In addition to these Citywide projects, the $8.8 billion Preliminary Capital Budget funds infrastructure projects throughout the five boroughs in the years FY2010-14. .. Using the federal employment metric I just mentioned, $8.8 billion will create over 50,000 “person-years” of well-paid employment, or 10,000 jobs for five years.

In Queens, the Preliminary Budget includes $1.5 billion of spending from FY2010-14, including $332 million for new sewers.   And that number does not include recent investments, such as the $300 million holding tank for combined sewer overflows (CSO) beneath the ball fields in Flushing Meadow Park; or the CSO holding tank in Alley Pond Park that we are in the final stages of completing at a cost of $100 million.

In the Bronx, the Preliminary Budget includes $450 million of capital spending in FY2010-14, including $243 million to complete the Croton Filtration Plant.  To eliminate the need for truck traffic to transport residual material created during the filtration process, DEP is building a seven-mile long force main to handle residuals from the Croton plant.  The $18.1 million force main will follow a seven-mile route from the Mosholu site to the Hunts Point Wastewater Treatment plant. The Preliminary Budget also provides $76.2 million at the Hunts Point Wastewater Treatment Plant to complete a $470 million upgrade.  [SLIDE 10] And DEP will also be funding a $25 million upgrade of water mains as part of a DDC-managed project to improve Pelham Parkway.

In Brooklyn, the Preliminary Budget includes $1.4 billion of commitments in FY2010-14, including $156 million for new sewers, $157 million for the Gowanus Pumping Station upgrade, and $647 million to complete the upgrade of the Newtown Creek Wastewater Treatment Plan.  In Canarsie, DEP will is soon to finish a $422 million CSO holding tank that will capture runoff which now flows into Paerdegat Basin.  Part of the project includes a $14.6 million stimulus-funded restoration of degraded wetlands and shore areas around the perimeter of the Basin that is funded through the American Recovery and Reinvestment Act.

In Manhattan, the Preliminary Budget projects $301 million in capital spending, including  $167 million to complete ten shaft connections to City Tunnel 3, as well as the water mains that will connect those shafts to the existing Manhattan water distribution system.  This work is critical to turning on the Manhattan leg of City Tunnel 3 by 2013. Although it is not reflected in the Preliminary Budget because it was funded in prior years, we are also in the finishing stages of $165 million of upgrades at the North River Wastewater Treatment plant.

Staten Island
In Staten Island, we will begin construction of a $300 million project for construction of a new water tunnel (or, “siphon”) to provide critical redundancy for Staten Island’s water supply.  DEP is funding $125 million of that amount and the Army Corps will fund the remaining amount.   Because Staten Island lacks storm and sanitary sewers in some areas, an additional $330 million is budgeted in FY2010-14 for sewers. The Preliminary Budget also includes $257 million for remediation of the closed Brookfield Avenue landfill, made possible in part through funding from State DEC.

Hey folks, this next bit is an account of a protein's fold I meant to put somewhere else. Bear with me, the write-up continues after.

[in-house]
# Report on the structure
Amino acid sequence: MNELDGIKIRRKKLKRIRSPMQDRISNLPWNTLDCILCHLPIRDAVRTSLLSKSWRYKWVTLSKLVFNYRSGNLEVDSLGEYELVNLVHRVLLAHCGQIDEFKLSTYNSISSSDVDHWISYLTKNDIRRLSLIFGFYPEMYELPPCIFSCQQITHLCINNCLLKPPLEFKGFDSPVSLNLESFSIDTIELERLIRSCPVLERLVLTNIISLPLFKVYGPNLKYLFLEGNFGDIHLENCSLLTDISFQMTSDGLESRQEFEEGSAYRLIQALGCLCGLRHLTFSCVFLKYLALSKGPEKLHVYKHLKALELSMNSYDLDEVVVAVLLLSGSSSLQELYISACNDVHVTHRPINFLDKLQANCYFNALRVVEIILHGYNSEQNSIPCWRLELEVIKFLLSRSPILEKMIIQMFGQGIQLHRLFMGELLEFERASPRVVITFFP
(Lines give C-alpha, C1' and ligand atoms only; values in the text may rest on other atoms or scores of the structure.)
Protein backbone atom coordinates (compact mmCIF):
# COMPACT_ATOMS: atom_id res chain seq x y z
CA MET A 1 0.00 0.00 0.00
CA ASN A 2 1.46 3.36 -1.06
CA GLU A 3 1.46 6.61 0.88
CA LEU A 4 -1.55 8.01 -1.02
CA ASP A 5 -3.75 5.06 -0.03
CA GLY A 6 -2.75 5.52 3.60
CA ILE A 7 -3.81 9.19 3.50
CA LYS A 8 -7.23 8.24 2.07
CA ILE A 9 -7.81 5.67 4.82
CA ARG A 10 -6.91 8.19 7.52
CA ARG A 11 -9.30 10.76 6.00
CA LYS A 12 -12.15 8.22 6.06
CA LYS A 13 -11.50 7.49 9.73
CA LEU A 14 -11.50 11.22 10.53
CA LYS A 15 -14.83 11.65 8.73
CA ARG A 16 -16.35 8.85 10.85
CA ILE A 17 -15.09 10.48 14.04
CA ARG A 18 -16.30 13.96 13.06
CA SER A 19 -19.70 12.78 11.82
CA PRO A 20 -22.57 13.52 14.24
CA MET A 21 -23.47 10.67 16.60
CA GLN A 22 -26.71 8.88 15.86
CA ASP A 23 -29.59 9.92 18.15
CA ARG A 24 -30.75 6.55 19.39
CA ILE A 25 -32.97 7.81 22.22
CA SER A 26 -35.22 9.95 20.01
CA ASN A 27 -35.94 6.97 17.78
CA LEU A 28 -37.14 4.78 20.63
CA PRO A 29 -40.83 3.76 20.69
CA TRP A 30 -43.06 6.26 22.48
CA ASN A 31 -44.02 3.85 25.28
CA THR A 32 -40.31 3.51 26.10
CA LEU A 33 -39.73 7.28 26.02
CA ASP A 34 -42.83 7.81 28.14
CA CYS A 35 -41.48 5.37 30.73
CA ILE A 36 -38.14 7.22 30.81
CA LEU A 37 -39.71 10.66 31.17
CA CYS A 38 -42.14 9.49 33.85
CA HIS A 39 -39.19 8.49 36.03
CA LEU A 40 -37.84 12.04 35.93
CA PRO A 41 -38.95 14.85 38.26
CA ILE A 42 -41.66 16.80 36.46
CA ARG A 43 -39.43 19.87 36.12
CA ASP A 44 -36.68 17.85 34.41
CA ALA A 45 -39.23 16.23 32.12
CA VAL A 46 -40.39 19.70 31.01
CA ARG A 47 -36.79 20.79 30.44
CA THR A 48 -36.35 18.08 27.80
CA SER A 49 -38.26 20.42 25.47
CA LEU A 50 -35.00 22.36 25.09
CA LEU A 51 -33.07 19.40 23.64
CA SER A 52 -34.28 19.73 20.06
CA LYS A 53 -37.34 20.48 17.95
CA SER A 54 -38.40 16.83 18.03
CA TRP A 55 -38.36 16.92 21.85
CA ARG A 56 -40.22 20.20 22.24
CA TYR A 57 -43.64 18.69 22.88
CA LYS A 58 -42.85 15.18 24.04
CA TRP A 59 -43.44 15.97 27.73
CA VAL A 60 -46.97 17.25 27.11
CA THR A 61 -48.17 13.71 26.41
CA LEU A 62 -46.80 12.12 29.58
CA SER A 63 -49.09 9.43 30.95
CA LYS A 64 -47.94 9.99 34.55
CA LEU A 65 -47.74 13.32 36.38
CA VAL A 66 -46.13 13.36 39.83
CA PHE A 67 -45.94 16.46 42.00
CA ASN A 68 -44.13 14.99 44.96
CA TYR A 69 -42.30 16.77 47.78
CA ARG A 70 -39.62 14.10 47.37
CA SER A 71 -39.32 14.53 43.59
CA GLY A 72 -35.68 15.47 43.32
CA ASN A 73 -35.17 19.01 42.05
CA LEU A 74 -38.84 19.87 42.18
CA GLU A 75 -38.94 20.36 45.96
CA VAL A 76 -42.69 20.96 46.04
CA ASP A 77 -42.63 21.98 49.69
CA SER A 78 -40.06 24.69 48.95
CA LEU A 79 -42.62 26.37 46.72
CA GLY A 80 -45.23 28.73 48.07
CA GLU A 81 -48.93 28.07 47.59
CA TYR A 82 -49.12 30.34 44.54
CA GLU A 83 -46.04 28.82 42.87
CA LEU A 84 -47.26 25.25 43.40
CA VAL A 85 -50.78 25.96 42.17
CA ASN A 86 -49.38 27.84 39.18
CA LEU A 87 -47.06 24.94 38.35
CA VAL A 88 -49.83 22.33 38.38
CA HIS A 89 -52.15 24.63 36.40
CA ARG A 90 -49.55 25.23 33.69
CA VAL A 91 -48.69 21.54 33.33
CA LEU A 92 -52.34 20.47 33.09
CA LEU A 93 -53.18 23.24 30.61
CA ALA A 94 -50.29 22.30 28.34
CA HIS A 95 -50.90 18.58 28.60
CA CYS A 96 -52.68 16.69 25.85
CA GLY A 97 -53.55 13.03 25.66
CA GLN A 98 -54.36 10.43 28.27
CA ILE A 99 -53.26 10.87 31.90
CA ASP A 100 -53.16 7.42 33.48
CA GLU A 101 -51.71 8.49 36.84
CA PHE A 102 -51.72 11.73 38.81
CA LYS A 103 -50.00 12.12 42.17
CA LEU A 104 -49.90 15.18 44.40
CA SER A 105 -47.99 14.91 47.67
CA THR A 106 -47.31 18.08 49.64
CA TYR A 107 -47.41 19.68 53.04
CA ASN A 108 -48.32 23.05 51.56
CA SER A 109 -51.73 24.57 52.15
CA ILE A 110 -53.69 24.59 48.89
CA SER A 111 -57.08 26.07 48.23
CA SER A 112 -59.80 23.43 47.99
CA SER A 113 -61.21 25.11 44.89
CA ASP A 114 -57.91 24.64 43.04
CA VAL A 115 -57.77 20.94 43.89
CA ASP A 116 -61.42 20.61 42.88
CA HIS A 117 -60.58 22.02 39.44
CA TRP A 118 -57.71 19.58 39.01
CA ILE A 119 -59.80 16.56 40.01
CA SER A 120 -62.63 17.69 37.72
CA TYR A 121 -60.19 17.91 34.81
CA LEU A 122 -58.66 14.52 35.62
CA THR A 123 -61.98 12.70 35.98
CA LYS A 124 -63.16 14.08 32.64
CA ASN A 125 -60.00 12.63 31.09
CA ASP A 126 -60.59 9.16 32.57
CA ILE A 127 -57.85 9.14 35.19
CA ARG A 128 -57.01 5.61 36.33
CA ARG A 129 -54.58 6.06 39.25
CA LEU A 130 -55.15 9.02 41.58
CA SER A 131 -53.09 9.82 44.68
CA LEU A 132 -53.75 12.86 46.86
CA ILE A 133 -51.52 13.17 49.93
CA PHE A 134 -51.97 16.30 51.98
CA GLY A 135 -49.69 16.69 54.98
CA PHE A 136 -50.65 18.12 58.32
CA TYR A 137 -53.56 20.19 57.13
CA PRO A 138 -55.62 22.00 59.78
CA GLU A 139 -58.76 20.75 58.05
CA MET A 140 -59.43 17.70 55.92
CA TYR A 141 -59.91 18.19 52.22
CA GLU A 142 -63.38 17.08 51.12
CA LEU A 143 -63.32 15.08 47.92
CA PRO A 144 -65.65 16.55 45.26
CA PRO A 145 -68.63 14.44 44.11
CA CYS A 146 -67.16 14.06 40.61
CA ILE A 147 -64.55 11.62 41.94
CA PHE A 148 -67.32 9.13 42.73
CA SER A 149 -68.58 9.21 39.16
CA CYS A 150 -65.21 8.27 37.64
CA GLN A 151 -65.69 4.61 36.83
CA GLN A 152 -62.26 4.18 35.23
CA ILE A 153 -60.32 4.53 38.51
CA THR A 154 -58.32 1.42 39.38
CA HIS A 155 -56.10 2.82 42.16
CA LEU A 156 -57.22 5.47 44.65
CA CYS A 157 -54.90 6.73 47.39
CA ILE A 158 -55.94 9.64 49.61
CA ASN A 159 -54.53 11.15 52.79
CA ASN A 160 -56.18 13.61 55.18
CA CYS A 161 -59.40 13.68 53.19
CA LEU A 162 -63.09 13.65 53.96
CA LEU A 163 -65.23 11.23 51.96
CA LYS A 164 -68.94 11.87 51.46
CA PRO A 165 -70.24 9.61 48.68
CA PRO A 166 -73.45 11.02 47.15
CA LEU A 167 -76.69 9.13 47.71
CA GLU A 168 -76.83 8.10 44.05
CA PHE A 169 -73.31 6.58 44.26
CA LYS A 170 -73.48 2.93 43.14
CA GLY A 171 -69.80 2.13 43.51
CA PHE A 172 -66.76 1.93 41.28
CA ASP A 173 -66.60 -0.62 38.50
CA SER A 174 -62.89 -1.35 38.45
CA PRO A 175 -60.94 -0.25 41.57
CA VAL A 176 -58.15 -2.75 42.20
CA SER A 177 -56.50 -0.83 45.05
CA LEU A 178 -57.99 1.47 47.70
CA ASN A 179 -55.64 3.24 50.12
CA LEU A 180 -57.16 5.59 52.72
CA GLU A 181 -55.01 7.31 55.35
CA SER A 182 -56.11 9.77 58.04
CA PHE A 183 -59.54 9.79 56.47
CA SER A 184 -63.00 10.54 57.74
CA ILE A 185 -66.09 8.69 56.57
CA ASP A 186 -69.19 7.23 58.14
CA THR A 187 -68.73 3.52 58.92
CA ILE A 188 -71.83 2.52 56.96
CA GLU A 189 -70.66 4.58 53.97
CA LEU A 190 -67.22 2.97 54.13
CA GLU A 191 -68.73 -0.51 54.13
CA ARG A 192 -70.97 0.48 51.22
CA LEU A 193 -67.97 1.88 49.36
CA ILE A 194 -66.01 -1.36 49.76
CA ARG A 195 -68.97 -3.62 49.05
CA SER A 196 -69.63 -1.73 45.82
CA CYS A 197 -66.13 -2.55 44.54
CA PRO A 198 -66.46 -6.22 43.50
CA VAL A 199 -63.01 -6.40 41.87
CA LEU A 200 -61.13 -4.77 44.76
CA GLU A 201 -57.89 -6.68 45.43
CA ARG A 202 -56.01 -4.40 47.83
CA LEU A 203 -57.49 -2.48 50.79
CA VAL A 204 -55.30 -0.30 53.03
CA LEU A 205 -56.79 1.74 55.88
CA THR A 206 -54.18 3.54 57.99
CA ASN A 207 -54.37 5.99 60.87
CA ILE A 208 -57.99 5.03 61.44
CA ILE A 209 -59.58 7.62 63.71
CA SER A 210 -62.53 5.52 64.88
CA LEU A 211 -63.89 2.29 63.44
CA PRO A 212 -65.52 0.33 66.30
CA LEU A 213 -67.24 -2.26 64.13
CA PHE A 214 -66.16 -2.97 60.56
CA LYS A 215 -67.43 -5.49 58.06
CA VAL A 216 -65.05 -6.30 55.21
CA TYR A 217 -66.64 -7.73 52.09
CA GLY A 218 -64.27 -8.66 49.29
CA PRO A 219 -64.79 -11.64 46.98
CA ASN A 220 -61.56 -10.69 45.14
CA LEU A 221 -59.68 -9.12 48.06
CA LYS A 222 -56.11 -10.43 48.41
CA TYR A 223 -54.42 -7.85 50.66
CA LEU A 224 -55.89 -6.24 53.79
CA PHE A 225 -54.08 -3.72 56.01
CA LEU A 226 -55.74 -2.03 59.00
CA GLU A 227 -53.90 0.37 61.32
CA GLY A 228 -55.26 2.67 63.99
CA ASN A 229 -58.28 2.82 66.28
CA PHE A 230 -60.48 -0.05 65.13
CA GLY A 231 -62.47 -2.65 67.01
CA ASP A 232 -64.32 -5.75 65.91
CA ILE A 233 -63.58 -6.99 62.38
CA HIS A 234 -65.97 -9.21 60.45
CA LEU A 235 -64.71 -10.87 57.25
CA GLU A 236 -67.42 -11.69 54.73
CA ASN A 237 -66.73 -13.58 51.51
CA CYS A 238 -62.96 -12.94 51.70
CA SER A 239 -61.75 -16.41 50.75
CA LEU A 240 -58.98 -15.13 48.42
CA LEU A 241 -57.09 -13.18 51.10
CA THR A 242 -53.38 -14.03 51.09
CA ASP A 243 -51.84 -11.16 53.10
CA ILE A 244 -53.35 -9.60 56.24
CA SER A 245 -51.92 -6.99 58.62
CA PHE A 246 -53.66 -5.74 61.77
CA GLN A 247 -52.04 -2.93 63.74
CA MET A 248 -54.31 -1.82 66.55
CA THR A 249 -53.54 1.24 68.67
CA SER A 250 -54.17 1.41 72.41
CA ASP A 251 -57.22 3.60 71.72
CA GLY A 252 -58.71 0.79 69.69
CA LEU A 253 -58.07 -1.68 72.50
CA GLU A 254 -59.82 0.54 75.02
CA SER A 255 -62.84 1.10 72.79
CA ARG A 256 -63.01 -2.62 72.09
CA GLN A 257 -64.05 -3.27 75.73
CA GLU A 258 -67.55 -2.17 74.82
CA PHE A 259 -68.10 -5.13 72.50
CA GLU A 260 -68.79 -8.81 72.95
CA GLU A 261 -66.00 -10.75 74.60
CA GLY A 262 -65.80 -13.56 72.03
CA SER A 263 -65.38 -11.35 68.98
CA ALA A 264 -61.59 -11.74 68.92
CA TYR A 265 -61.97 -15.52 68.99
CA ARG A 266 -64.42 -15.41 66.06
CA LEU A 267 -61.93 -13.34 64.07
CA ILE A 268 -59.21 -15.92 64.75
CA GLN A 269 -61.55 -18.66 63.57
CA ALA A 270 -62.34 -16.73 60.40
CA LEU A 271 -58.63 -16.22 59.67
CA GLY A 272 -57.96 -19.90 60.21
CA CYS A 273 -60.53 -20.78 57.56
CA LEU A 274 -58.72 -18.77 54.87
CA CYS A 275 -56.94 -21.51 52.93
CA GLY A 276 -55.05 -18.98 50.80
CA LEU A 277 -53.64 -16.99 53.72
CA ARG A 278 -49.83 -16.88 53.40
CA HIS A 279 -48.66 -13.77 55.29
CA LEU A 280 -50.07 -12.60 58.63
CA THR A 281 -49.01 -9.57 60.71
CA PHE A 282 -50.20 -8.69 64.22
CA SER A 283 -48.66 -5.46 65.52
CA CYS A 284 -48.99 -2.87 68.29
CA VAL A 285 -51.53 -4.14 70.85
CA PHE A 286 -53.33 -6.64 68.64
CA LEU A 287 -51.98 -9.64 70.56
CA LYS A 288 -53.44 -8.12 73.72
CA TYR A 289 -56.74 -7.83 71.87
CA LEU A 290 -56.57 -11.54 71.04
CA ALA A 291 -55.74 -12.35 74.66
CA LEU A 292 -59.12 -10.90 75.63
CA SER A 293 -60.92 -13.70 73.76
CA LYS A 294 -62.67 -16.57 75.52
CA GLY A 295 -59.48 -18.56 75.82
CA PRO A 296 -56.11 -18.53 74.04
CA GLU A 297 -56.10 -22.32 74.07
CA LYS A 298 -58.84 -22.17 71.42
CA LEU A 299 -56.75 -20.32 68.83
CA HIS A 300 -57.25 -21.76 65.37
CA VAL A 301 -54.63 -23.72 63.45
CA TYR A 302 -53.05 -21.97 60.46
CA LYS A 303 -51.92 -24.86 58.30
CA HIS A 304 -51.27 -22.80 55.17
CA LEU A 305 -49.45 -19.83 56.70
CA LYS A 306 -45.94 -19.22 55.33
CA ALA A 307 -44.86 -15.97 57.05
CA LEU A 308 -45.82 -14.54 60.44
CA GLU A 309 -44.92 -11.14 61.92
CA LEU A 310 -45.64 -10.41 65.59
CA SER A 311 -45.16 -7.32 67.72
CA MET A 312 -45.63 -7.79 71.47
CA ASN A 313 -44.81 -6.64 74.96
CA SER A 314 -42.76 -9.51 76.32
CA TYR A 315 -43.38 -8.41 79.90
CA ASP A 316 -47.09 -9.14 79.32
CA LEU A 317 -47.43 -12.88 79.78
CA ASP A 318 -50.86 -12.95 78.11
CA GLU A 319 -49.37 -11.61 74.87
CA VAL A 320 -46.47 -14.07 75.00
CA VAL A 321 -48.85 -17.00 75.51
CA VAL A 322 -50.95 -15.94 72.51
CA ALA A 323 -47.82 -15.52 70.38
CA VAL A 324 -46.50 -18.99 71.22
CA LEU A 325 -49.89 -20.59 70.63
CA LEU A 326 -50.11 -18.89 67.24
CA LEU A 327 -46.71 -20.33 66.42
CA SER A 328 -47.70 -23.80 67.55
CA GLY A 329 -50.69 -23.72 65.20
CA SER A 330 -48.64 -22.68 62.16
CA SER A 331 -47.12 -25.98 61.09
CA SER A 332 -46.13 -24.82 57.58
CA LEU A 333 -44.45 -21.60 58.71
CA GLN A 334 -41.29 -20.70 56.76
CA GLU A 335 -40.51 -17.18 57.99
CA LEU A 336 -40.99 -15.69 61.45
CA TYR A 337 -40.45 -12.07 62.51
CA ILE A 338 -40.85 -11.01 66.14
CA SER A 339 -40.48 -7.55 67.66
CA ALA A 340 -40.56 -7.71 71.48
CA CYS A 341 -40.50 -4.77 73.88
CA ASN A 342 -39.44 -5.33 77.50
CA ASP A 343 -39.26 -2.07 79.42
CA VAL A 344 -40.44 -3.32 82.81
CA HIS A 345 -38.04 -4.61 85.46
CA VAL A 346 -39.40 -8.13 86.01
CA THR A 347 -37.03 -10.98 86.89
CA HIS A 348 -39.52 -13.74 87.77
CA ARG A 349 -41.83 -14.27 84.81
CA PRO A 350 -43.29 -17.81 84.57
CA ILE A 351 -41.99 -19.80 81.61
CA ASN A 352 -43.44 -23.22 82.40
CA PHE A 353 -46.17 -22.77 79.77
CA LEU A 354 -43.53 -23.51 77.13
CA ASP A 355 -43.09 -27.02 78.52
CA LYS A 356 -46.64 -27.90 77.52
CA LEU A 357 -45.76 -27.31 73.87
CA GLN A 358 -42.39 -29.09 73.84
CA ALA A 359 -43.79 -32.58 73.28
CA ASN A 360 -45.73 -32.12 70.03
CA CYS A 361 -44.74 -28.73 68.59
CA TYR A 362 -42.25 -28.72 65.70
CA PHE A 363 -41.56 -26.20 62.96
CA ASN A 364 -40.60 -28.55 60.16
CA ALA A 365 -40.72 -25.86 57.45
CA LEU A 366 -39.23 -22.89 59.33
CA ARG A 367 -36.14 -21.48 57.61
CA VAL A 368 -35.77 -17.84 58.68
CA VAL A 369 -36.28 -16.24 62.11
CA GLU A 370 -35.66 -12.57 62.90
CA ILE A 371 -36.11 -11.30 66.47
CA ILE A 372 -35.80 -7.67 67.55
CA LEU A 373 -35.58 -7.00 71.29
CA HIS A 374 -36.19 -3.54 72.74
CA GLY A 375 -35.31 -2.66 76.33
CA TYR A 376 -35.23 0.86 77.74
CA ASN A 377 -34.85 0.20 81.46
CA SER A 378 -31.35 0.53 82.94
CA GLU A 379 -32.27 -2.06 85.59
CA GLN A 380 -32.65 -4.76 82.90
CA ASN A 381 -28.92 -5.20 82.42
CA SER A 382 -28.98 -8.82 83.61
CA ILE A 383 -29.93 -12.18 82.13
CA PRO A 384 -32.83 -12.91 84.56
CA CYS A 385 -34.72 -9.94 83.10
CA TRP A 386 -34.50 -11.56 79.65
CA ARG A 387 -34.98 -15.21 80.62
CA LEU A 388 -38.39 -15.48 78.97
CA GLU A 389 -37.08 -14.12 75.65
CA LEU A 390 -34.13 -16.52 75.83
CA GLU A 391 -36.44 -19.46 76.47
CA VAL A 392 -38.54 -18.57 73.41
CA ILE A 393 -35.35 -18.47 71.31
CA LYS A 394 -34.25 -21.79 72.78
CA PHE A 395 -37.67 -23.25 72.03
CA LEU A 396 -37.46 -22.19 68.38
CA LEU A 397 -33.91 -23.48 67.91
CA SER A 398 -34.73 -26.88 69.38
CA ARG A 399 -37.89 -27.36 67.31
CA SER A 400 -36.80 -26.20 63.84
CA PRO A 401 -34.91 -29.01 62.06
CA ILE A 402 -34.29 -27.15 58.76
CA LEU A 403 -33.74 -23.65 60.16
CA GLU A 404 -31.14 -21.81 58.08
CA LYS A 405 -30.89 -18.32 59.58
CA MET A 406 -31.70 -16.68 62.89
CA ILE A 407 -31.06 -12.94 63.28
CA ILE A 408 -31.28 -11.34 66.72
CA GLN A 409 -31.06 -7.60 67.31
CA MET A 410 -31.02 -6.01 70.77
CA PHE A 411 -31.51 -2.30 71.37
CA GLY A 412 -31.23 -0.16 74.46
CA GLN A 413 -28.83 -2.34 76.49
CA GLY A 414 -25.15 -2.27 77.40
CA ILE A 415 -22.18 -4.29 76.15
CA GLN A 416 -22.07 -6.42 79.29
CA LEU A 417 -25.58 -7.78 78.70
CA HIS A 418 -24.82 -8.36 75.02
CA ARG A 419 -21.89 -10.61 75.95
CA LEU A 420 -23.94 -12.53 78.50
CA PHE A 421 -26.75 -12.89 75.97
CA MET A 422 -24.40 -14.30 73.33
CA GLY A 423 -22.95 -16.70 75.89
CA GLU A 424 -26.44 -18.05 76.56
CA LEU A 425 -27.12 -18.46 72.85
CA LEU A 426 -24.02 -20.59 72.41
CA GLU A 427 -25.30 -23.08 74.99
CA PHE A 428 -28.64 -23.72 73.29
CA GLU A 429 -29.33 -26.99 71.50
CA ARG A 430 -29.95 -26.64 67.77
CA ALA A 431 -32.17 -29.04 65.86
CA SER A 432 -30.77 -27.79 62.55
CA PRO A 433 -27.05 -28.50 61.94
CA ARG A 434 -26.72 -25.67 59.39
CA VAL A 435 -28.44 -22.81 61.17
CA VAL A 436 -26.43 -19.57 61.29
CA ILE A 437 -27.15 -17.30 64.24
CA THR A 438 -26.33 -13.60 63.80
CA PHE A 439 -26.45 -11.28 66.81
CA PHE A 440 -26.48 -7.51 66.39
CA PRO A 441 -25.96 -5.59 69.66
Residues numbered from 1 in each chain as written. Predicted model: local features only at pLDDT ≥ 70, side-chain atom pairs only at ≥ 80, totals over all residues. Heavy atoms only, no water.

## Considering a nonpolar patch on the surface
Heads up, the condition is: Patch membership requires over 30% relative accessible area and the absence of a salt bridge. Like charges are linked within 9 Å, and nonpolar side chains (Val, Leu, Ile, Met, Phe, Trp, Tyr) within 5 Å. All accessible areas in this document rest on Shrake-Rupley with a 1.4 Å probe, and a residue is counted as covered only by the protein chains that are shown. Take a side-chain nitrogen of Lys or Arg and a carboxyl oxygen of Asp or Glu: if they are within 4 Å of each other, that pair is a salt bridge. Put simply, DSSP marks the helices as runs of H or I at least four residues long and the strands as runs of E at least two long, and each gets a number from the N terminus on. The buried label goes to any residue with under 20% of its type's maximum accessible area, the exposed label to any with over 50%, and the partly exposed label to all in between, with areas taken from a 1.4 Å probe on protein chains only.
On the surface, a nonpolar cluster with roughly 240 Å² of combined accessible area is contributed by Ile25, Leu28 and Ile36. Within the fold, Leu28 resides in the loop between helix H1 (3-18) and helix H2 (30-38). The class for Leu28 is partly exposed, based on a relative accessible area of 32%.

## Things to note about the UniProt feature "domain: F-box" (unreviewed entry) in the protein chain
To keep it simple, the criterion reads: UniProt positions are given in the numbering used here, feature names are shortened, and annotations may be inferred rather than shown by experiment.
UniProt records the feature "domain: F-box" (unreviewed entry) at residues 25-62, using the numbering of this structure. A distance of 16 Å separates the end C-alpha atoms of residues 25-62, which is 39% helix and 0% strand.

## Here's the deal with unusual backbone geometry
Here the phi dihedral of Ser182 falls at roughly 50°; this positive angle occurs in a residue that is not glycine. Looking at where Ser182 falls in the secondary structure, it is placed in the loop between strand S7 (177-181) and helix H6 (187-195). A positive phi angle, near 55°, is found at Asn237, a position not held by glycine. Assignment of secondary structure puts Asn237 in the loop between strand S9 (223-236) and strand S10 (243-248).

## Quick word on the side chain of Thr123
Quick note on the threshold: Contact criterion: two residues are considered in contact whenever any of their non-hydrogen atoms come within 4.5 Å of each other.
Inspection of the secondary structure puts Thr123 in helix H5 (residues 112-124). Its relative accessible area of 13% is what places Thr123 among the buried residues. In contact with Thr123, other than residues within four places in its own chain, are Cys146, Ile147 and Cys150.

We’ll also continue our investments in the Staten Island Bluebelt, the award winning, ecologically sound and cost-effective storm water management system for approximately one third of Staten Island.  Bluebelts are natural drainage corridors; the program preserves these areas, so that they can perform their functions of conveying, storing, and filtering storm water. In addition, the Bluebelts provide important community open spaces and diverse wildlife habitats. In FYs 2010 and 2011, DEP plans to spend more than $34 million on both developing and maintaining the Bluebelts we already own, as well as obtaining more lands to work into the Bluebelt system.

Upstate and the Watershed
We’re also funding important capital improvements to the upstate parts of our water supply system.  The reconstruction of the Gilboa Dam, which encloses the Schoharie reservoir, is a new capital projected that is funded for $419 million in the FY2010-2014 Plan. The reconstruction work will repair long-term deterioration of the dam’s concrete spillway and side channel, upgrade the dam to meet all current NYS dam safety standards, and improve operational capabilities.  

Fortunately, last year we received $219 million of federal grants through the American Recovery and Reinvestment Act (ARRA), to help advance more projects and put more people to work.   In addition to funding important wastewater treatment work, that $219 million of ARRA funding also allowed us to use our own funding for $153 million of projects that had been shelved or were funded in out-years, including $72 million in various Queens sewer and water work; $63 million in sewer and water main projects in other boroughs; and $18 million for the substation at the Rockaway wastewater treatment plant. 
It is important to note that a substantial part of DEP’s capital budget is committed to satisfying regulatory mandates that are required by the federal and state governments, but not funded by them.  With the exception of recent ARRA funding, over the last twenty years, that level of federal contributions to water infrastructure have been minimal. But the scope and number of unfunded mandates has grown dramatically. New York City ratepayers currently pay 99.5% of the costs of operating, maintaining, and building the system.  In recent years, as much as three-quarters of the capital budget has consisted of multi-billion-dollar mandated projects that have been a major driver of recent water-rate increases.  While mandated projects ensure compliance and can  clearly provide benefits to the system and its users, the scope and schedule of unfunded regulatory mandates too often do not take into account cumulative (or any) costs, or competing system priorities that would have a greater benefit to the system.